After a shock FA Cup exit to Watford last Sunday and a less than surprising one in Barcelona on Wednesday night, The Gunners head to Goodison Park and Everton this weekend with the possibility of being all but eliminated from a third competition in the space of just six days.
It all adds up to a growing cauldron of pressure for manager Wenger. Now, his latest musings in The Times have raised eyebrows, with the fanbase growing tired of their once adored Frenchman's constantly muffled soundbites.
Wenger insists he 'built the club on his own'
In his interview he believes that he has built the club with little outside helo and with sheer effort:
"Look, I have no doubt about my huge motivation," said Wenger.
"I just think I built the club...in the way I did it with hard work, without any external sources.
Wenger goes onto to say; "I think if you compare the club with the moment I arrived and the club where it is today, we have moved forward and without any money from anybody."
Frenchman gives more time to club than ever
There can be no doubting Wenger's commitment to the club. He loves Arsenal; he breathes it.
The former FC Monaco coach says he feels more motivated today than on his first day he arrived at London Colney. He also notes the growing responsibility and pressure at the club.
That is the situation he faces now and has done in spells over the past few seasons, as even the most obdurate of Wenger supporters has begun to err on the side of change.
Wenger's 'love' for the club is blinding him
Wenger also speaks of the notion that image and what people think are different. That is true. But what is also unwavering is Arsene Wenger's self image as boss that has not altered. He is still the same purist student of the game.
But his latest comments - whilst educated - seem to lack caution. Before his tenure began in North London, Arsenal had been enduring hard times; George Graham and bung-gate, Bruce Rioch - despite bringing in the majestic Dennis Bergkamp was struggling and the club itself was languishing in mid-table in the Premier League.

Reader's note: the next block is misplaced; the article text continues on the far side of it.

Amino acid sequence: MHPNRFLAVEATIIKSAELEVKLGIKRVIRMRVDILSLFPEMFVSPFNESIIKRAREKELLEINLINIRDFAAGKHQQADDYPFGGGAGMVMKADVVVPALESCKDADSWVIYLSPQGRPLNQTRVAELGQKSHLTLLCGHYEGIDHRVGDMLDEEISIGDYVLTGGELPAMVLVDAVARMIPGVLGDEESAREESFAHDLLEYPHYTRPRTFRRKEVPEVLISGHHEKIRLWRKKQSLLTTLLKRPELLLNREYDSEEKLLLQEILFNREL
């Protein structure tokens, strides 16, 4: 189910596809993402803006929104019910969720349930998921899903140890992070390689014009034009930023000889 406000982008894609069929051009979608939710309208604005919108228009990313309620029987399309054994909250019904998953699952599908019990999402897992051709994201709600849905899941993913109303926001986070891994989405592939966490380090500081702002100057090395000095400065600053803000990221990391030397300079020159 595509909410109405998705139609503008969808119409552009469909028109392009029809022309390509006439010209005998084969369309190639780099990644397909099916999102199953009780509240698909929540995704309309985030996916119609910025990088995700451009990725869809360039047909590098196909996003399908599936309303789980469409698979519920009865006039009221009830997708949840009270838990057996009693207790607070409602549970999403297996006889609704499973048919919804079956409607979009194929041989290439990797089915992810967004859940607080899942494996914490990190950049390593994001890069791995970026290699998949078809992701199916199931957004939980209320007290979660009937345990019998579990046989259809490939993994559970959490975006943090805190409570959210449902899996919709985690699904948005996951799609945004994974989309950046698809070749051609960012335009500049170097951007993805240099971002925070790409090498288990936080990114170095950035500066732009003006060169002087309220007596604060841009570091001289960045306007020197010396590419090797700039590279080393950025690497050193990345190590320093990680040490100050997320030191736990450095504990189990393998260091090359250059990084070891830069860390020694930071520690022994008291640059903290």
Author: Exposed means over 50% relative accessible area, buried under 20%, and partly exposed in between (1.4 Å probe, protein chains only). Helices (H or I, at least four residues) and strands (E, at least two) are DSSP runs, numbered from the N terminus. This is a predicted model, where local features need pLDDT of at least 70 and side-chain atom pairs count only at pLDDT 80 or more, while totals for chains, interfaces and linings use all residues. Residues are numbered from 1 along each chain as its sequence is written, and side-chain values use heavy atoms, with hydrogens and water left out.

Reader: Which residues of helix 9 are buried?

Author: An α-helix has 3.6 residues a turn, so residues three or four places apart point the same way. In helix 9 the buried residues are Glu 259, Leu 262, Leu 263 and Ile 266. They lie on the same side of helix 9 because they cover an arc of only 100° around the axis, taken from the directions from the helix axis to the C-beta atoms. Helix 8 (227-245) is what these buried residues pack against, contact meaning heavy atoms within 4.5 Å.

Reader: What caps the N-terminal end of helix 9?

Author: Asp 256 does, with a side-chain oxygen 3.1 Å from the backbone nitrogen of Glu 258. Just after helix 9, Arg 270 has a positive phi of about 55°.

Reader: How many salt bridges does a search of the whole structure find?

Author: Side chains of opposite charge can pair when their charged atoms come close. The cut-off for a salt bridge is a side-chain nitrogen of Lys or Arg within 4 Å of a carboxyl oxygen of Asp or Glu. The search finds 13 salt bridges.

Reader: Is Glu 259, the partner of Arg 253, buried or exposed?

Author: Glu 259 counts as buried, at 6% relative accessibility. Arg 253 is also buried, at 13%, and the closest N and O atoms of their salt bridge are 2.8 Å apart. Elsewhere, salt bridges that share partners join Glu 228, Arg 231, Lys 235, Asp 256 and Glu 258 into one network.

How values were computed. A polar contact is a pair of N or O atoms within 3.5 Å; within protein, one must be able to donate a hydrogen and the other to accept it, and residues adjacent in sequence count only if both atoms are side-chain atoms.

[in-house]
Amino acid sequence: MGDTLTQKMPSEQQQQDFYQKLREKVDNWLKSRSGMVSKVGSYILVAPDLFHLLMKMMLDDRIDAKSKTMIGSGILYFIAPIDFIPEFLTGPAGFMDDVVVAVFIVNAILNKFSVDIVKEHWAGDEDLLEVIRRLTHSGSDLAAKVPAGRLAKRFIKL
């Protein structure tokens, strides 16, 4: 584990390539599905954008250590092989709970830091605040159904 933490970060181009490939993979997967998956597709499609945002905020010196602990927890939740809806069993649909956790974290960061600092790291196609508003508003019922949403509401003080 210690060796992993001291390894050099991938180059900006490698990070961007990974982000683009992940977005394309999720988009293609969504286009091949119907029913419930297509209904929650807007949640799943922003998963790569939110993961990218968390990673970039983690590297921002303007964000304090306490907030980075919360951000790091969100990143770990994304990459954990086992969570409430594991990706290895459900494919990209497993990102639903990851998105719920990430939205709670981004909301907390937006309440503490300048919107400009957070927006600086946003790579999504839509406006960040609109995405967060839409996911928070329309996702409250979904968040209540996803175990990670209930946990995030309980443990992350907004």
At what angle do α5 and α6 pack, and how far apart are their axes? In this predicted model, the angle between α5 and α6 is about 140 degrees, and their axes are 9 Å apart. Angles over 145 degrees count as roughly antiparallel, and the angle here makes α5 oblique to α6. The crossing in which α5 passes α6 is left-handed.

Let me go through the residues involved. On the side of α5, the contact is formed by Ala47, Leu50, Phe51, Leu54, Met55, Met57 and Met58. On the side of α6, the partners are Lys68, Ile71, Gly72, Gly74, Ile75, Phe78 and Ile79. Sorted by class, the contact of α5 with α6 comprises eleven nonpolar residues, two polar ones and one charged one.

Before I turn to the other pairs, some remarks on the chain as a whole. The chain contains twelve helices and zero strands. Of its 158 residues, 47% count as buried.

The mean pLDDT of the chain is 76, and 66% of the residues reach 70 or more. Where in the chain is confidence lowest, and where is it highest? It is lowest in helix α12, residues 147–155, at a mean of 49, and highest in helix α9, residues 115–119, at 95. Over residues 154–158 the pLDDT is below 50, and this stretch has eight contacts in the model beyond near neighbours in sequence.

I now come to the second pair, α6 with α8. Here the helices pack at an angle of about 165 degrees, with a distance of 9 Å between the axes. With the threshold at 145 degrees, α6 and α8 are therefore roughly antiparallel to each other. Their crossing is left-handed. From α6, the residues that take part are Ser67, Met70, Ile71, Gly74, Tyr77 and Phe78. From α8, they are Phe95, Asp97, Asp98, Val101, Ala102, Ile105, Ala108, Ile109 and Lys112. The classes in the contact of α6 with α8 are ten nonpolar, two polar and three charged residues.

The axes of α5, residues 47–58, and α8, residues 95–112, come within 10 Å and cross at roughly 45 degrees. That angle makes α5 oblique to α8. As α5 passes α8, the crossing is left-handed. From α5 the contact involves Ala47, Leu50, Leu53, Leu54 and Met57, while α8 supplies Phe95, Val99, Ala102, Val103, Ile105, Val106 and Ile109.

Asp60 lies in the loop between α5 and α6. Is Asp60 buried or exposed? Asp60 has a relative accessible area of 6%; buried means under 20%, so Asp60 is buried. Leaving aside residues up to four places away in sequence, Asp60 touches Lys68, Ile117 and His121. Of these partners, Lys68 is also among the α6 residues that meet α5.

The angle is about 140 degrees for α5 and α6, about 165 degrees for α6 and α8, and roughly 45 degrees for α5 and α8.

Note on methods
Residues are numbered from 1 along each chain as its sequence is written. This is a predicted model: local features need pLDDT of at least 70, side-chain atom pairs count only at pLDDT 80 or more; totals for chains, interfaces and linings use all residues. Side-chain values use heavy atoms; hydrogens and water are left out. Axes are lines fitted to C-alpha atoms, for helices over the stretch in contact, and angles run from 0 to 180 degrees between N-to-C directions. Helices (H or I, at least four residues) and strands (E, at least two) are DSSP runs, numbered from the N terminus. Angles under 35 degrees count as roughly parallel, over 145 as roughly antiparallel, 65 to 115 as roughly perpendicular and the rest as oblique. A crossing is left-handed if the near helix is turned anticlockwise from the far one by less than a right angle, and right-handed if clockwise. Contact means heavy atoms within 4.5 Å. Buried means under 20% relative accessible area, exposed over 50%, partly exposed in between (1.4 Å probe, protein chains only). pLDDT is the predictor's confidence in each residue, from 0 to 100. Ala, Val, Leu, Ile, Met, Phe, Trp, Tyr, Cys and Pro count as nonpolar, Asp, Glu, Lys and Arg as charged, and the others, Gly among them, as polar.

But, the club had had prior success. Perhaps not of the swashbuckling brand of course, the '1-0 to the arsenal chime' is testament to that. However, for a club who have won ten other top-flight English crowns in their history, the words of Wenger feel poorly judged.
Arsenal have no European silverware under Wenger
It is not only that. Arguably Wenger's biggest shortcoming is his European nouse. The closest he has come to guiding the Gunners to success on the continent, is perhaps not the Champions League Final defeat to FC Barcelona in Paris, but via a penalty shootout loss to Galatasaray in the Uefa Cup Final in 2000.
It was only four years before Wenger arrived, that Arsenal won their first and still only major European trophy after beating FC Parma in the 1994 Cup Winners Cup final in Copenhagen, courtesy of an Alan Smith volley.
It is also worth noting, that in that particular campaign, Arsenal had recorded a 7-0 drubbing of Standard Liege to reach the last eight that year. Goals have not just come from the arrival of Wenger.
Arsene Wenger has one year left to run on his current contract, but against a growing - almost tidal - wave of criticism and vitriol from the fans and some corners of the media, the 66 year-old is having to battle his toughest of fights.
In every interview and press-conference that passes, the growing frustration of Wenger is palpable. In his mind he remains staunch. That only serves to portray the way that the Arsenal boss is thinking.
If Wenger's perception does finally budge however, then that may be a big factor in change. A change which many would say despite the love of thousands - nay millions - of Arsenal fans worldwide, is now necessary.